Wednesday, April 30, 2008

The End of Recreational Boating?

Here is a little item that was almost lost in a large, boring summary of oil industry news last week:

Oil to Hit $225 a Barrel?
If you think oil and gasoline prices are high now, they may seem cheap before long, according to CIBC World Markets Chief Economist Jeff Rubin. Rubin, who predicted three years ago that oil would reach $100 a barrel, thinks it will climb to $225 a barrel in four years. Gasoline could be around $10 a gallon by that time, he says.

It's that time of year again, and I'm making my long maritime commute from my winter digs in Myrtle Beach to Rhode Island. Here are my observations along the ICW about this season's boating activity so far.

If the boaters in North Carolina are any indication, then the small boaters will be out in force this summer. Lots of outboard boats, small I/Os and runabouts have practically slowed my progress on weekend days. The fuel prices haven't seem to affected that activity.

On the other hand, there is a startling lack of large powerboats passing me each day, which would be typical in past years, as big SeaRays, Hatterases and Vikings from FLA are delivered to New England so the owners can enjoy a few cocktails and sunsets out at Martha's Vineyard or Fire Island.

Yesterday, passing the FREE docks at Elizabeth City, NC, there was only one boat tied up. These docks are usually filled during the spring and fall cruising seasons. I had the Dismal Swamp Canal lock all to myself.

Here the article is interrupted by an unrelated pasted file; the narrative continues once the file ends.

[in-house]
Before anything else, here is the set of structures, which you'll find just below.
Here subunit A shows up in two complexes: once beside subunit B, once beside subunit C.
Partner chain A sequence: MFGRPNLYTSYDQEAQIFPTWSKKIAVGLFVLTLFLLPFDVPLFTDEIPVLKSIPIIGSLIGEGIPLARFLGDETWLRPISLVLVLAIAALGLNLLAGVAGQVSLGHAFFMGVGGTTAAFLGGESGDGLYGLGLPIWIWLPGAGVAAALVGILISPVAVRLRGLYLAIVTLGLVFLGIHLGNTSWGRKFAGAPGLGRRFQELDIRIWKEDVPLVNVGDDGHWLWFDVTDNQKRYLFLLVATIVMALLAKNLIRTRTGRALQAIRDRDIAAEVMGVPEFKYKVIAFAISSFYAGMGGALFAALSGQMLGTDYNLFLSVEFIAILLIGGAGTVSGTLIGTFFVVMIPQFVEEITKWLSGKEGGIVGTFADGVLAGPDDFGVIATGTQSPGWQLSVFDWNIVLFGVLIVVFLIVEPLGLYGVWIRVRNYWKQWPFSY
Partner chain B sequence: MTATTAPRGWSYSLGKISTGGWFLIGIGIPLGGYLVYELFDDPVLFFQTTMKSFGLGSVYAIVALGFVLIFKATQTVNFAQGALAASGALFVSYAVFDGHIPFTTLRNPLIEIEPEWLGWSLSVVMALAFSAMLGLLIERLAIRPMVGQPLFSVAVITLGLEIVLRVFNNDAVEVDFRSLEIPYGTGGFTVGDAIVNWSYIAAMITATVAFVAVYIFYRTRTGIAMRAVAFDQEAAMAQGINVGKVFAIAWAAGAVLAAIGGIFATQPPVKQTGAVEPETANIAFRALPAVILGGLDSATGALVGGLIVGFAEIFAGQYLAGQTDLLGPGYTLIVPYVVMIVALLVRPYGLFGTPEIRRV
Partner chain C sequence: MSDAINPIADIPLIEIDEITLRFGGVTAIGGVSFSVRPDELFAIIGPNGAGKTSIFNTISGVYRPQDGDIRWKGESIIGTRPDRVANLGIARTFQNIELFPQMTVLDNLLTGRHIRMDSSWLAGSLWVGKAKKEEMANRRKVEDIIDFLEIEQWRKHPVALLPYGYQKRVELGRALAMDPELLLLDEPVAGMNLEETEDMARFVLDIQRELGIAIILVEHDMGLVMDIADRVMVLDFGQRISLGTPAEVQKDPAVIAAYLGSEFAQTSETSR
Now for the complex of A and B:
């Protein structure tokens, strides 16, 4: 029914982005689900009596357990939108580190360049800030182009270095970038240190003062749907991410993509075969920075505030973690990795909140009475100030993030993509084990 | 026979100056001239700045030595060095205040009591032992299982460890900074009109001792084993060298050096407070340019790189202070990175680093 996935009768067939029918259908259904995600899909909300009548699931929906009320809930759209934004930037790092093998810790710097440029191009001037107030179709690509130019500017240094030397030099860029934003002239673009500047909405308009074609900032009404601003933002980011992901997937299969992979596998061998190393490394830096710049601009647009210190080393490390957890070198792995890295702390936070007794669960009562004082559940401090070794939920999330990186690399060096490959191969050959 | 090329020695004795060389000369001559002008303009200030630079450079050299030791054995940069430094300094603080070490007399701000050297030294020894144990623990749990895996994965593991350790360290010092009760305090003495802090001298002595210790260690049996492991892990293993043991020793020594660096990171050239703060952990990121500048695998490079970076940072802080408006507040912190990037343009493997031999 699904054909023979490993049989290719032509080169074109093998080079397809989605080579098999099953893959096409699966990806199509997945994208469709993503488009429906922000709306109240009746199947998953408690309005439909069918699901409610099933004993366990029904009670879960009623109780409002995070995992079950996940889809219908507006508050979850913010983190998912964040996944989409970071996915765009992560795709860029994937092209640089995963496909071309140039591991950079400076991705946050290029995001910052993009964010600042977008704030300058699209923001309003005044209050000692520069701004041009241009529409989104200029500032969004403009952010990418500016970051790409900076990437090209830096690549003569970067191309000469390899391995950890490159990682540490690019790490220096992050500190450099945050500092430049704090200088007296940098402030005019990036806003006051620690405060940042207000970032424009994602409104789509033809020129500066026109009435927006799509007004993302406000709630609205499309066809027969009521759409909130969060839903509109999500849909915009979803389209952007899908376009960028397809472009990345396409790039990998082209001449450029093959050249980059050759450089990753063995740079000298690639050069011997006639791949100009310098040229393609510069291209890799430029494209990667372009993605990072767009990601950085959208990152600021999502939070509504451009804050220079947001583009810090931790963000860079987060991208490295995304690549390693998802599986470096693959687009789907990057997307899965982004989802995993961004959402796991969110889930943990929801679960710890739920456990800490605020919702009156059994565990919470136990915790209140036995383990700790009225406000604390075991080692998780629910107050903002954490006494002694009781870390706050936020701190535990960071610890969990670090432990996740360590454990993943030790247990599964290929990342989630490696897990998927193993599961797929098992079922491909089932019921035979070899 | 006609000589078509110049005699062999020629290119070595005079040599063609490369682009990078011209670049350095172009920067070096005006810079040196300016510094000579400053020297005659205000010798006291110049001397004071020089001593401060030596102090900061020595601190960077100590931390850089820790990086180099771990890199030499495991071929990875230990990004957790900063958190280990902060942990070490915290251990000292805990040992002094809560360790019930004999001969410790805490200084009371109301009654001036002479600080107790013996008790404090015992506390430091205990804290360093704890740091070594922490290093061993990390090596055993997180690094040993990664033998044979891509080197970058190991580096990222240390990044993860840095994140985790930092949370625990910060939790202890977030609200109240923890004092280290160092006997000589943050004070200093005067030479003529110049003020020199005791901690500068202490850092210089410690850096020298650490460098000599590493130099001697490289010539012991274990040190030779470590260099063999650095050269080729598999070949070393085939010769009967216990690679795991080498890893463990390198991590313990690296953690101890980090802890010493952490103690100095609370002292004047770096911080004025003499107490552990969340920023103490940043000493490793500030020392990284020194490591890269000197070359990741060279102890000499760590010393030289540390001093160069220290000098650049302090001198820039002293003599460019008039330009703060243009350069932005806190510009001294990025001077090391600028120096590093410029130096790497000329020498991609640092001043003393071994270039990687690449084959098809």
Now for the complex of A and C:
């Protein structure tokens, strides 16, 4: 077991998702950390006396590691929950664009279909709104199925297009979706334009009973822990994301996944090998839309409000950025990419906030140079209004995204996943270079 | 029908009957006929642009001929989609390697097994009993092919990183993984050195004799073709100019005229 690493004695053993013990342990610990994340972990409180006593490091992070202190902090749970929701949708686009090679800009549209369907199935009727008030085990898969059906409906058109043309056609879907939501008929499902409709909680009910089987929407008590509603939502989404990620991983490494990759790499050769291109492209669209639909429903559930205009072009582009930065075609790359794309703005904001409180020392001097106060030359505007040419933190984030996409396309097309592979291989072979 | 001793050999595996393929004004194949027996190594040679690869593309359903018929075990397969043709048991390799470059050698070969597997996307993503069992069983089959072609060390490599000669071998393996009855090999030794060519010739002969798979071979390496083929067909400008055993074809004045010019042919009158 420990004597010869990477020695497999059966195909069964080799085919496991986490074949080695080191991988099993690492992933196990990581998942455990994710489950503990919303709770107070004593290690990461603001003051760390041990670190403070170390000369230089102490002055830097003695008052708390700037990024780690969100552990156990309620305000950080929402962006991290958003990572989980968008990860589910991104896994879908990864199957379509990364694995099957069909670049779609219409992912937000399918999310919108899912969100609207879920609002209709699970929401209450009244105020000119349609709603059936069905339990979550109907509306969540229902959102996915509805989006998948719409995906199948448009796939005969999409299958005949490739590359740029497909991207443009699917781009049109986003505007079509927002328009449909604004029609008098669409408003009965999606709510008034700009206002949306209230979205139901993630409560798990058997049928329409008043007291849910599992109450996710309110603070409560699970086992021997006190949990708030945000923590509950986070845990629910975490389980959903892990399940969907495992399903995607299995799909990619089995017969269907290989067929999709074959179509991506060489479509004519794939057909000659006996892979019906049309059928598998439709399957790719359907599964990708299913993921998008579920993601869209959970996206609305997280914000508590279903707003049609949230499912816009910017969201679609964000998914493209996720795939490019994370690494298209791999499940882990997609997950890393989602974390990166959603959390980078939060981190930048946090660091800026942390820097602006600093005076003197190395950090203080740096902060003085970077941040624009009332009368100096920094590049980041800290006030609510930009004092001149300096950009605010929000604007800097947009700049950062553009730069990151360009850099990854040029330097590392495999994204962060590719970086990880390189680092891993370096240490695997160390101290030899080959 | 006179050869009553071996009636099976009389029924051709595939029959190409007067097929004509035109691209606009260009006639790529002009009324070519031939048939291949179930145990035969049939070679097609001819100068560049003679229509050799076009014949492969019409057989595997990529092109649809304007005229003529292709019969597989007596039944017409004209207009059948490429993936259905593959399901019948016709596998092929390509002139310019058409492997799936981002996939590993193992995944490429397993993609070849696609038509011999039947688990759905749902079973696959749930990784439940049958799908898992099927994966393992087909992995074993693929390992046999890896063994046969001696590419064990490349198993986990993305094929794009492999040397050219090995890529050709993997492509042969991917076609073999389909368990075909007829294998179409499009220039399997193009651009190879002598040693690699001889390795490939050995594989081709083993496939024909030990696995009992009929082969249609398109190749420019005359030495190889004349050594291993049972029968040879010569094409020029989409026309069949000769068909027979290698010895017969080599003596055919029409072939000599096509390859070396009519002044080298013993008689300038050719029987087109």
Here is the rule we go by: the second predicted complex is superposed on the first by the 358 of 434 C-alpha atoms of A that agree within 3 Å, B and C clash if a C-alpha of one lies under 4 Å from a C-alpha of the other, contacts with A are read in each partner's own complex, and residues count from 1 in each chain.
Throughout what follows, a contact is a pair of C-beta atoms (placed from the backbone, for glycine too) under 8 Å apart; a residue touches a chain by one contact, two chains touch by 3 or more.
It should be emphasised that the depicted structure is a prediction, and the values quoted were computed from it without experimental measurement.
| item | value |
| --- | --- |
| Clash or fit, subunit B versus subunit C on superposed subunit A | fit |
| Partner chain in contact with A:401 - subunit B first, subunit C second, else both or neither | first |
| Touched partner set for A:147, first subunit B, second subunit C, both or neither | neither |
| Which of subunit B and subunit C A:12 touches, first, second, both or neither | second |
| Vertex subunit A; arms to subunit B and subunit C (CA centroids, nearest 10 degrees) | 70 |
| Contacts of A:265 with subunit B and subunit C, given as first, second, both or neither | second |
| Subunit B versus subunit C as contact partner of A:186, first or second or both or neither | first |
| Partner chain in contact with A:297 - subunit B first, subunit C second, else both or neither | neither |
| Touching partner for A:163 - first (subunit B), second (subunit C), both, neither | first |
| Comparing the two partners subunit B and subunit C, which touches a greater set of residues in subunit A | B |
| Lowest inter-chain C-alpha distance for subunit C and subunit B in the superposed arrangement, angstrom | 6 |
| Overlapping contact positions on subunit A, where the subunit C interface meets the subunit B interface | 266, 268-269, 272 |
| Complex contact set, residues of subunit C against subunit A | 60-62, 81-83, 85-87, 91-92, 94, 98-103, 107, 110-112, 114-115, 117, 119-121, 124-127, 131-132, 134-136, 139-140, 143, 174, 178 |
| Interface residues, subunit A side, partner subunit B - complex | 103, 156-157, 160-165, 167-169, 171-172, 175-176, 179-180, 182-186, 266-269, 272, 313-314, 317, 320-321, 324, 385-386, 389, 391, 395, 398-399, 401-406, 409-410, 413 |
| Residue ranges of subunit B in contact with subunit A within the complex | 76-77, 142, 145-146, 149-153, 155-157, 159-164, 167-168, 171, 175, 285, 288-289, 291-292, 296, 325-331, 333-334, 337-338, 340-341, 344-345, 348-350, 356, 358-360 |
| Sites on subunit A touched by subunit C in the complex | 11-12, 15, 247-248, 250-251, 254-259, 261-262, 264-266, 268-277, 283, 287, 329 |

Back to the oil prediction; I read somewhere that in Europe, the boating industry saw a dramatic change when fuel prices hit the dollar equivalent of the $6/gal range.

At $10/gal, burning 15 gal/hr, a two hours spent water skiing with your kids will cost $300 just in fuel. A 30' Carver with twin gas inboards will burn about 25 gph, meaning a six hour round trip to Block Island will cost about $1500 in fuel. These activities will be competing with mortgage payments and rising cable TV bills.

If gas goes to $10/gal in four years, it will cost $220/hr just to run a twin screw towboat (like SafeSea has) in 2012. Suddenly, $250/hr for non-member towing is a money loosing formula.

All the more reason to start looking into branching out into other profitable tasks for your equipment, like derelict disposal contracts with local governments, and privatized security duties with DHS.

Here is my way off the wall prediction: in 10 years, there will be more money to be made with a small boat equipped with a FLIR camera than a towline and salvage pump.